I'm a graduating nursing student...and I know NOTHING!!!!

Posted
by lostinreality lostinreality (New) New

Hi All,

I am a nursing student graduating this semester with my BSN (BSN = all theory-focused, little (IMHO) clinical experience/hours). I am doing my capstone (final clinical) at a large urban hospital TCU (General & Specialty Surgery unit, msotly post-op).

I am so so so so so so so scared. Anxiety-ridden. Fearful. Terrified. Nervous. Horrified.

Insomnia x last 2 weeks, emesis x 637, diarrhea x I lost count.

I am so afraid that I will meet my preceptor tomorrow and she will be this carniverous, mean, bland battle axe that will quiz me until I pass out and think I'm the dumbest student that ever lived; then recommend that my instructor to fail me. At this point, she could ask me the mechanism of action for metoprolol and I would just stare at her. Obviously, I passed my courses and did well, but I just don't feel up to par with my classmates. I feel like I have learned more as a unit secretary in the ICU I work at than I have in nursing school.

I swear I don't know anything. I know I'm not stupid, but I am so nervous about this. To make things worse, I can be sensitive, so I am worried about being sensitive about my insecurity and will just break down and cry tomorrow. Also, it does not help me when people say "mask your insecurity...act confident". Easier said than done. Trust me...if I could, I would. I have never been able to mask my feelings. I waear my heart on my sleeve. I cannot help it. I realize I need to work on this.

Any advice? Please, I beg of you, help!!! My heaad won't stop spinning....:uhoh3:

:eek::crying2::uhoh21::bluecry1::(:barf01:

Illinurse2010

Illinurse2010

Specializes in LTC. 42 Posts

Apparently you know something--otherwise how would you have passed your hard tests, finals, and skills labs? Stop focusing on what you don't know. You can always read about it or ask another nurse (who may or may not know the answer themselves). Focus on learning from your preceptor and pay attention to your patients. You are going to do great. I bet you were nervous when you started as an ICU secretary too--new jobs are usually like that.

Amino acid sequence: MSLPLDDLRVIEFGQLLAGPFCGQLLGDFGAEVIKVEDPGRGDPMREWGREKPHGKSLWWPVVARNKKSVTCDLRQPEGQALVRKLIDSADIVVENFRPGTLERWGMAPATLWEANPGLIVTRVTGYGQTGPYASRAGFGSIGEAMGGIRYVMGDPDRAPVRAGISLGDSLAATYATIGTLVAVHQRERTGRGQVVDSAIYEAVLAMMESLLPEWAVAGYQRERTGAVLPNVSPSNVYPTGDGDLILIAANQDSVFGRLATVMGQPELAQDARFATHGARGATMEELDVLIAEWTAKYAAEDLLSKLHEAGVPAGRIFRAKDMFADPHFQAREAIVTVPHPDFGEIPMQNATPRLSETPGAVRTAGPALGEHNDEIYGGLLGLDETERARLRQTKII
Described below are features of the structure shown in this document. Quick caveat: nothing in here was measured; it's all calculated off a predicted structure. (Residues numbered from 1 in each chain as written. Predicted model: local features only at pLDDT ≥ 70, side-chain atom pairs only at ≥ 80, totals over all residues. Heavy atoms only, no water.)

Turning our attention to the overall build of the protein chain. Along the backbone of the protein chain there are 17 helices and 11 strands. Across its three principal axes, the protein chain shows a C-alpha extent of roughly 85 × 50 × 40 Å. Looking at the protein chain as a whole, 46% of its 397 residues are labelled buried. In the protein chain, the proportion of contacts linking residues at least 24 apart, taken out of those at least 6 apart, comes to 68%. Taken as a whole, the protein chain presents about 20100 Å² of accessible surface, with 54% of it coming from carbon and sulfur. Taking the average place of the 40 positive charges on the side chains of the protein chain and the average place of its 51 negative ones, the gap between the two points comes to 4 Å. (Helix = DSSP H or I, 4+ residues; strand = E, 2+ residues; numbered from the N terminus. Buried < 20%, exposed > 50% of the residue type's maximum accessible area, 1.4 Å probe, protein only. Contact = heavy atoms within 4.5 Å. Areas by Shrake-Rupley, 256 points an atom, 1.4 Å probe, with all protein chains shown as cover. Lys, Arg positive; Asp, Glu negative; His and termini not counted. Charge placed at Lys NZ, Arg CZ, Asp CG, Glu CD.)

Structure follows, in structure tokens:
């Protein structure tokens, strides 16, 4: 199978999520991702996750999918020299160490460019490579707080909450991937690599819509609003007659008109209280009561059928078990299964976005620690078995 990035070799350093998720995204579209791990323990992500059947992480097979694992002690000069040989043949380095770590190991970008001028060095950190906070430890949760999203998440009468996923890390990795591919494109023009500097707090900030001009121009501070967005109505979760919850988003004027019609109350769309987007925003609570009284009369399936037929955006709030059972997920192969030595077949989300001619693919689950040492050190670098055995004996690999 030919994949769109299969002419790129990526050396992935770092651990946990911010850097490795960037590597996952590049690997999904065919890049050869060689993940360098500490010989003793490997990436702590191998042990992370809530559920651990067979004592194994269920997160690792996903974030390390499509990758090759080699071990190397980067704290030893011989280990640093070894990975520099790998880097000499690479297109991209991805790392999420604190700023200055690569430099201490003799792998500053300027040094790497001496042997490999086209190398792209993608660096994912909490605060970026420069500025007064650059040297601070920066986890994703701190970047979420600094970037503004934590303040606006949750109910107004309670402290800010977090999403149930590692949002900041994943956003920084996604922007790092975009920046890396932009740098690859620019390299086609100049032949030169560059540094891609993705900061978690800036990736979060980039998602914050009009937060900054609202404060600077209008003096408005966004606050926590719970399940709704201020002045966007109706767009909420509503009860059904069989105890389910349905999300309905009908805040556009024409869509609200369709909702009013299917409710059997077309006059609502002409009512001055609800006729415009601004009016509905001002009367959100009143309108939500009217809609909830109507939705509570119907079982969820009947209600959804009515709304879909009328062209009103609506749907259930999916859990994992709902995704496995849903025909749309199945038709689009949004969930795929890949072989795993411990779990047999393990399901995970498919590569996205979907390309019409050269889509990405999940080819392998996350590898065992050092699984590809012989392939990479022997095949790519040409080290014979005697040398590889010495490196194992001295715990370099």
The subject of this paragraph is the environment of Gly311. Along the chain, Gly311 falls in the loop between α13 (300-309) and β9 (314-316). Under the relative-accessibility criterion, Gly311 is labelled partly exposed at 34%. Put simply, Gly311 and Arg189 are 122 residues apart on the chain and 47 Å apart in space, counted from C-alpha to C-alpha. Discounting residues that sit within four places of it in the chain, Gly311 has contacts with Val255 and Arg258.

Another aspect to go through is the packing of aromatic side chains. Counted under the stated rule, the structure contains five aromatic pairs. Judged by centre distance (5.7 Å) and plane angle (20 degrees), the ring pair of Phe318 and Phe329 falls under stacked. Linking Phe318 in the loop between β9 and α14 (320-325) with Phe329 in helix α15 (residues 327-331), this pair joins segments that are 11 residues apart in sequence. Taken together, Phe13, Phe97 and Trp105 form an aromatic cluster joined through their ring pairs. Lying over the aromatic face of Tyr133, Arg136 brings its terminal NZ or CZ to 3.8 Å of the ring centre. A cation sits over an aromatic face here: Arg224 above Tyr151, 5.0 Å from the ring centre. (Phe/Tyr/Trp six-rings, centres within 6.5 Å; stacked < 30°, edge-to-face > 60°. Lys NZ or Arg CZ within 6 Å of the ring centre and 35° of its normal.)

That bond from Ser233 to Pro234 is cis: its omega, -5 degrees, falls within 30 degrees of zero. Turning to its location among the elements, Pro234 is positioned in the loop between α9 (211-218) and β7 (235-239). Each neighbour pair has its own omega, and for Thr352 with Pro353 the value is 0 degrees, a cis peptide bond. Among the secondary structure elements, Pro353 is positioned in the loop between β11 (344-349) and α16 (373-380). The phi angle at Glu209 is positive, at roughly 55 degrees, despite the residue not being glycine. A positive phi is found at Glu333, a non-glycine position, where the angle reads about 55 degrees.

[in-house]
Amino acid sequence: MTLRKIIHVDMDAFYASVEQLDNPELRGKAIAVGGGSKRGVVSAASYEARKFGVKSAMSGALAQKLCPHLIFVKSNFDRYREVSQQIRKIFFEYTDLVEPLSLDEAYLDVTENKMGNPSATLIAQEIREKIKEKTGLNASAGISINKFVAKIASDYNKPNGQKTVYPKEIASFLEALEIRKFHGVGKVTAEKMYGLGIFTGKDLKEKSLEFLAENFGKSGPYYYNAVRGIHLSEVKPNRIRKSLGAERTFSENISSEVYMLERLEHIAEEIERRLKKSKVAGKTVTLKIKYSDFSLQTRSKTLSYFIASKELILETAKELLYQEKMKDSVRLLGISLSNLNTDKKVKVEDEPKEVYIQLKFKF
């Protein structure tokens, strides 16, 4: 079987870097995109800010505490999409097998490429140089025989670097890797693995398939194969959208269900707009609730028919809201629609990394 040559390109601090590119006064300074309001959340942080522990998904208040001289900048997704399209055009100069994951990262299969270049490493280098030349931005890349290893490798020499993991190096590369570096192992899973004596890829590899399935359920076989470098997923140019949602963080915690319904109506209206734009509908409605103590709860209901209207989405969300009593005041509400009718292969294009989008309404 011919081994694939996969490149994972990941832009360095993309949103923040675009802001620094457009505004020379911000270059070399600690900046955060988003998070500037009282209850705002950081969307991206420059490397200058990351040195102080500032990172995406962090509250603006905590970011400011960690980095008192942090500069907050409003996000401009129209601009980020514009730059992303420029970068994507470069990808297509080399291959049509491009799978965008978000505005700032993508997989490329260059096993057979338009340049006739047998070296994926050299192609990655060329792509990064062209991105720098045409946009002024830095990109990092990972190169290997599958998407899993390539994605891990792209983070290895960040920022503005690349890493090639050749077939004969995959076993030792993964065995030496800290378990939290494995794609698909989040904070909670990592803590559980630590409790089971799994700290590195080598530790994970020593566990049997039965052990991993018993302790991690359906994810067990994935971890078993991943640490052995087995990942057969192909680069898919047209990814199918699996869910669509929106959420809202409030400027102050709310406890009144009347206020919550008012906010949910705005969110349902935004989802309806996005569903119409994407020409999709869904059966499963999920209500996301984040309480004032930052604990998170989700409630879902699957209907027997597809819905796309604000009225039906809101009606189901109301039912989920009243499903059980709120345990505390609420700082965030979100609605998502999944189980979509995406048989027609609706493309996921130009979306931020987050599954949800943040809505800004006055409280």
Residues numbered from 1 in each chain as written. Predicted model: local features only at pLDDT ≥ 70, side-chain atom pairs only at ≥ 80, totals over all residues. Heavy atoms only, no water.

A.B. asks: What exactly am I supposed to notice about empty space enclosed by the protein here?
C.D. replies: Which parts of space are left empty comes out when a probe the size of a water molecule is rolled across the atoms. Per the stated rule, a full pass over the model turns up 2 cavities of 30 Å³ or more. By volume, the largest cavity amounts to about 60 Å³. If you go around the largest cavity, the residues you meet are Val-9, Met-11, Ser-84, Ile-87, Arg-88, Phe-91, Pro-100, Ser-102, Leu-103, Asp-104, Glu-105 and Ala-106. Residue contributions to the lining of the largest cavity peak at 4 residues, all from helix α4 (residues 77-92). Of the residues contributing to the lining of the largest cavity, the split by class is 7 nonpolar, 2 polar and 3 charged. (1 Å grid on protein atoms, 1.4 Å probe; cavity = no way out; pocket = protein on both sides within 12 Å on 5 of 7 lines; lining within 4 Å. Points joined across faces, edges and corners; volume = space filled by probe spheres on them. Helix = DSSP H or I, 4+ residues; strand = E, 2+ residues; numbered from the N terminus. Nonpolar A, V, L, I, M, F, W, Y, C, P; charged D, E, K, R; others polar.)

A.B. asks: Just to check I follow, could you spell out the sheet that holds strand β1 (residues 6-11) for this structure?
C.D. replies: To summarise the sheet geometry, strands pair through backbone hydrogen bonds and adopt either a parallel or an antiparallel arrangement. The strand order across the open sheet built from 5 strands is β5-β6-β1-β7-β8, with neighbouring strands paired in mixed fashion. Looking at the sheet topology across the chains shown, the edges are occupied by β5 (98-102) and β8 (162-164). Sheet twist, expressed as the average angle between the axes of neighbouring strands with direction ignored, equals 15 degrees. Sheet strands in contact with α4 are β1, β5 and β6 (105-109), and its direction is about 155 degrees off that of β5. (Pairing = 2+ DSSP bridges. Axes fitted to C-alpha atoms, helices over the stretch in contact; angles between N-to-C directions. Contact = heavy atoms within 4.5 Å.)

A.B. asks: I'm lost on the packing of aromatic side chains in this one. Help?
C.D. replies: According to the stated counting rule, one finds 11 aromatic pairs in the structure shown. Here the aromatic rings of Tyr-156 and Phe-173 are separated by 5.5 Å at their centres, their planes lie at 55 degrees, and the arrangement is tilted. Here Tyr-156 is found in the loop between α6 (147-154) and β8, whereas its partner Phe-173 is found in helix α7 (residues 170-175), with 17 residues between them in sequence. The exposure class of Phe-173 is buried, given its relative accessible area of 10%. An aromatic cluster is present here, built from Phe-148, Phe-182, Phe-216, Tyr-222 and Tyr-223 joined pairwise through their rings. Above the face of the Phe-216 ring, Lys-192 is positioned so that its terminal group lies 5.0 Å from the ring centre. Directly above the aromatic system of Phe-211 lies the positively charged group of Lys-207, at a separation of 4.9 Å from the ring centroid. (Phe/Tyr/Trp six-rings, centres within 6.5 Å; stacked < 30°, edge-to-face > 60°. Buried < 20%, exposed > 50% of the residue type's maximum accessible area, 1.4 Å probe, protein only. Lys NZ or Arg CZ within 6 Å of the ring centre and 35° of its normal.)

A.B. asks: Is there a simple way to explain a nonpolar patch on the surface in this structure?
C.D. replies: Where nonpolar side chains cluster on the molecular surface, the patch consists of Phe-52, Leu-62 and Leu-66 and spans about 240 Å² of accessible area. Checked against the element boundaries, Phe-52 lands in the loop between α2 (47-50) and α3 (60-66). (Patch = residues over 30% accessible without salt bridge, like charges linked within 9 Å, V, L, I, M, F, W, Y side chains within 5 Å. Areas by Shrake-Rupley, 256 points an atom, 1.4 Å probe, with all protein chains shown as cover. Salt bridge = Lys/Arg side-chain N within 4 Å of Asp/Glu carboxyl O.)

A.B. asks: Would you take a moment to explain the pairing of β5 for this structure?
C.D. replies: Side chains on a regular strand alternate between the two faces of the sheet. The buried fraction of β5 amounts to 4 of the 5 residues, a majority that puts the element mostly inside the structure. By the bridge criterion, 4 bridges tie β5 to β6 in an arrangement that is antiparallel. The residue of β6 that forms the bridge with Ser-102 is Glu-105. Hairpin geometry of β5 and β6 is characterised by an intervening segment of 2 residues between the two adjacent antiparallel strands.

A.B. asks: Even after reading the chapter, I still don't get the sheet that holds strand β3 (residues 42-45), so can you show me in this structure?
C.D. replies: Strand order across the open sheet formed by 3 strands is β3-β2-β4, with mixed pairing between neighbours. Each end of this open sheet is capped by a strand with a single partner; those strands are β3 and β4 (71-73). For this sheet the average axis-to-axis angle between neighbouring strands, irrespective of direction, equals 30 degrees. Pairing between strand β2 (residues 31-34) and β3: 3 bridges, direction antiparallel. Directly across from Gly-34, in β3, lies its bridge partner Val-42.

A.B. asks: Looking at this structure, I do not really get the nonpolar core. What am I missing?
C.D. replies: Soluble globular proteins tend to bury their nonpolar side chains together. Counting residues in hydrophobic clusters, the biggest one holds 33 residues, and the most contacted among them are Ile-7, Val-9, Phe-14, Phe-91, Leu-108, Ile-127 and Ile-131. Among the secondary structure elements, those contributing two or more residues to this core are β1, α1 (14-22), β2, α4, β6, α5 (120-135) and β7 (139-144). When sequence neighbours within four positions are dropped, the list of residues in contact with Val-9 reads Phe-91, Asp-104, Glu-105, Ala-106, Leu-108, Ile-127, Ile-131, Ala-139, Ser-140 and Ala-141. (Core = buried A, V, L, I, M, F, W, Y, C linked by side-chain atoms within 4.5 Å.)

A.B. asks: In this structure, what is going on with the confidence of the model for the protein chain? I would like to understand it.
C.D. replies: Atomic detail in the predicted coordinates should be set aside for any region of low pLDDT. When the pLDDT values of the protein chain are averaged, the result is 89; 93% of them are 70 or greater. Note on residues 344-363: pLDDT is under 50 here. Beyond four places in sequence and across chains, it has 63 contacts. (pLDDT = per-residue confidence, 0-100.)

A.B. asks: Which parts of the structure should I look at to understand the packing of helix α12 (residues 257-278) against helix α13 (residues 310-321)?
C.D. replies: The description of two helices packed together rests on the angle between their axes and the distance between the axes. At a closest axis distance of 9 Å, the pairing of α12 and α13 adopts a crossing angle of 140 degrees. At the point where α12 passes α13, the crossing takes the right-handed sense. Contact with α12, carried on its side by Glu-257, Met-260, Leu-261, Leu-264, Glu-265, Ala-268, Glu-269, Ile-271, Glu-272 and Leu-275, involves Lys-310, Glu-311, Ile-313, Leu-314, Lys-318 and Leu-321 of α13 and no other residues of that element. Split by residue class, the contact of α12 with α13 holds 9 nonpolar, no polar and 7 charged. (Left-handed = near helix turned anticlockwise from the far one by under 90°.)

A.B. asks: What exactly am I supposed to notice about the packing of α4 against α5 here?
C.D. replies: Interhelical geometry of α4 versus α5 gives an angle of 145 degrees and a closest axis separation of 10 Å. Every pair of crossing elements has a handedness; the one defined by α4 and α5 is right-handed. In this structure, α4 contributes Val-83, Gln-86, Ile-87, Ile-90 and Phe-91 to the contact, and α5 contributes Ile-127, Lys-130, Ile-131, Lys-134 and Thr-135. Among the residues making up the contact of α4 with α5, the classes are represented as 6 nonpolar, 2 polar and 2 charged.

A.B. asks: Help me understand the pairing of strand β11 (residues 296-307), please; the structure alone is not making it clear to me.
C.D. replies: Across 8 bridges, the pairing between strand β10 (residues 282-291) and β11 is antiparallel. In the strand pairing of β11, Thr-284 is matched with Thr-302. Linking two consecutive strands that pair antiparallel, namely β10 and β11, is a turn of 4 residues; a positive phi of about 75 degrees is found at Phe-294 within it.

Dinsey

Dinsey

Specializes in Pediatric Heme/Onc/BMT. Has 8 years experience. 112 Posts

I graduated from a similar program (a lot of theory, a huggy/feely business, with less hands-on clinical work than any of us would have liked).

And I did fine in my capstone. I was in the children's emergency department. I passed NCLEX just fine. I'm doing fine in my new grad position.

More than likely, you are a lot more prepared than you think. And the fact that you're scared means that you realize how much you still have to learn - which gives you a headstart over some of your peers who probably think they're all star nurses already.

Relax. Go to bed. You will do a great job. Your preceptor knows you're a student and doesn't expect you to be an expert.

netglow, ASN, RN

4,412 Posts

Geeeeeeeeez Lost! You are freaking me out! I know I've told my self not to read any scary preceptor posts, or scary nclex posts.

:eek:

and... I meant to also put the "Barf" smiley in but cannot find it!

Algardner76

Algardner76

4 Posts

Hang in there. Looking back, I was scared spitless as well! I remember wishing I could have a preceptor hold my hand for a few more months after graduation, however, I made it through just fine! You will make mistakes, you will not know everything (ever!!!), but if you are consciencious, willing to look up what you don't know, ask questions, etc, you WILL succeed! Keep your chin up!

raisonbrancruch

raisonbrancruch

20 Posts

Please, dont you worry! I may just be a high school senior. I dont know what its like. But just advice, you do know alot. You are the one who passed the exams, you are the one who got yourself into this program with a bright outlook. Just remember this is going to be a good day, you will be fine. This is your life, just this moment you need to reflect on the terms in which you have expirenced. Hope it all goes well! I hope to go to nursing school after high school. And no, NOT FOR THE MONEY! I have alot of faith in what I want to achive in life and to learn the responsibiltys that are required. Again, just relax it will be over, success is what you recive.

SunshineBSN

SunshineBSN

64 Posts

Wow, Nursing school is a migraine to all nursing students. I felt the same way. I failed a class before, and my friend failed Capstone so your not alone. Doesnt mean that your stupid. I think all medical fields are tough on you because you are always at the bedside seeing the patients. Most important thing is obviously, priority!!!

You are mentally setting yourself up for failure when you think that way. Best thing to do is pull your instructor aside and share your feelings with how your instructor. If he/she is aware of it, he/she knows that its not bc you didnt study or you didnt know the material but that you are just really scared. Its definitely hard to be confident about this when someone is confronting you about the information. One step at a time!

Edited by SunshineBSN
misspelling

madwife2002, BSN, RN

Specializes in RN, BSN, CHDN. Has 26 years experience. 74 Articles; 4,777 Posts

The expectations of new grads is minimal initially, but after a certain amount of time the expectations rise especially near the time you are going to fly solo.

Dont be hard on yourself you will be surprised at how much you do know, just take deep breaths and think. A lot of work we do is common sense, drugs you will get used to, just focus on your patients and ask questions.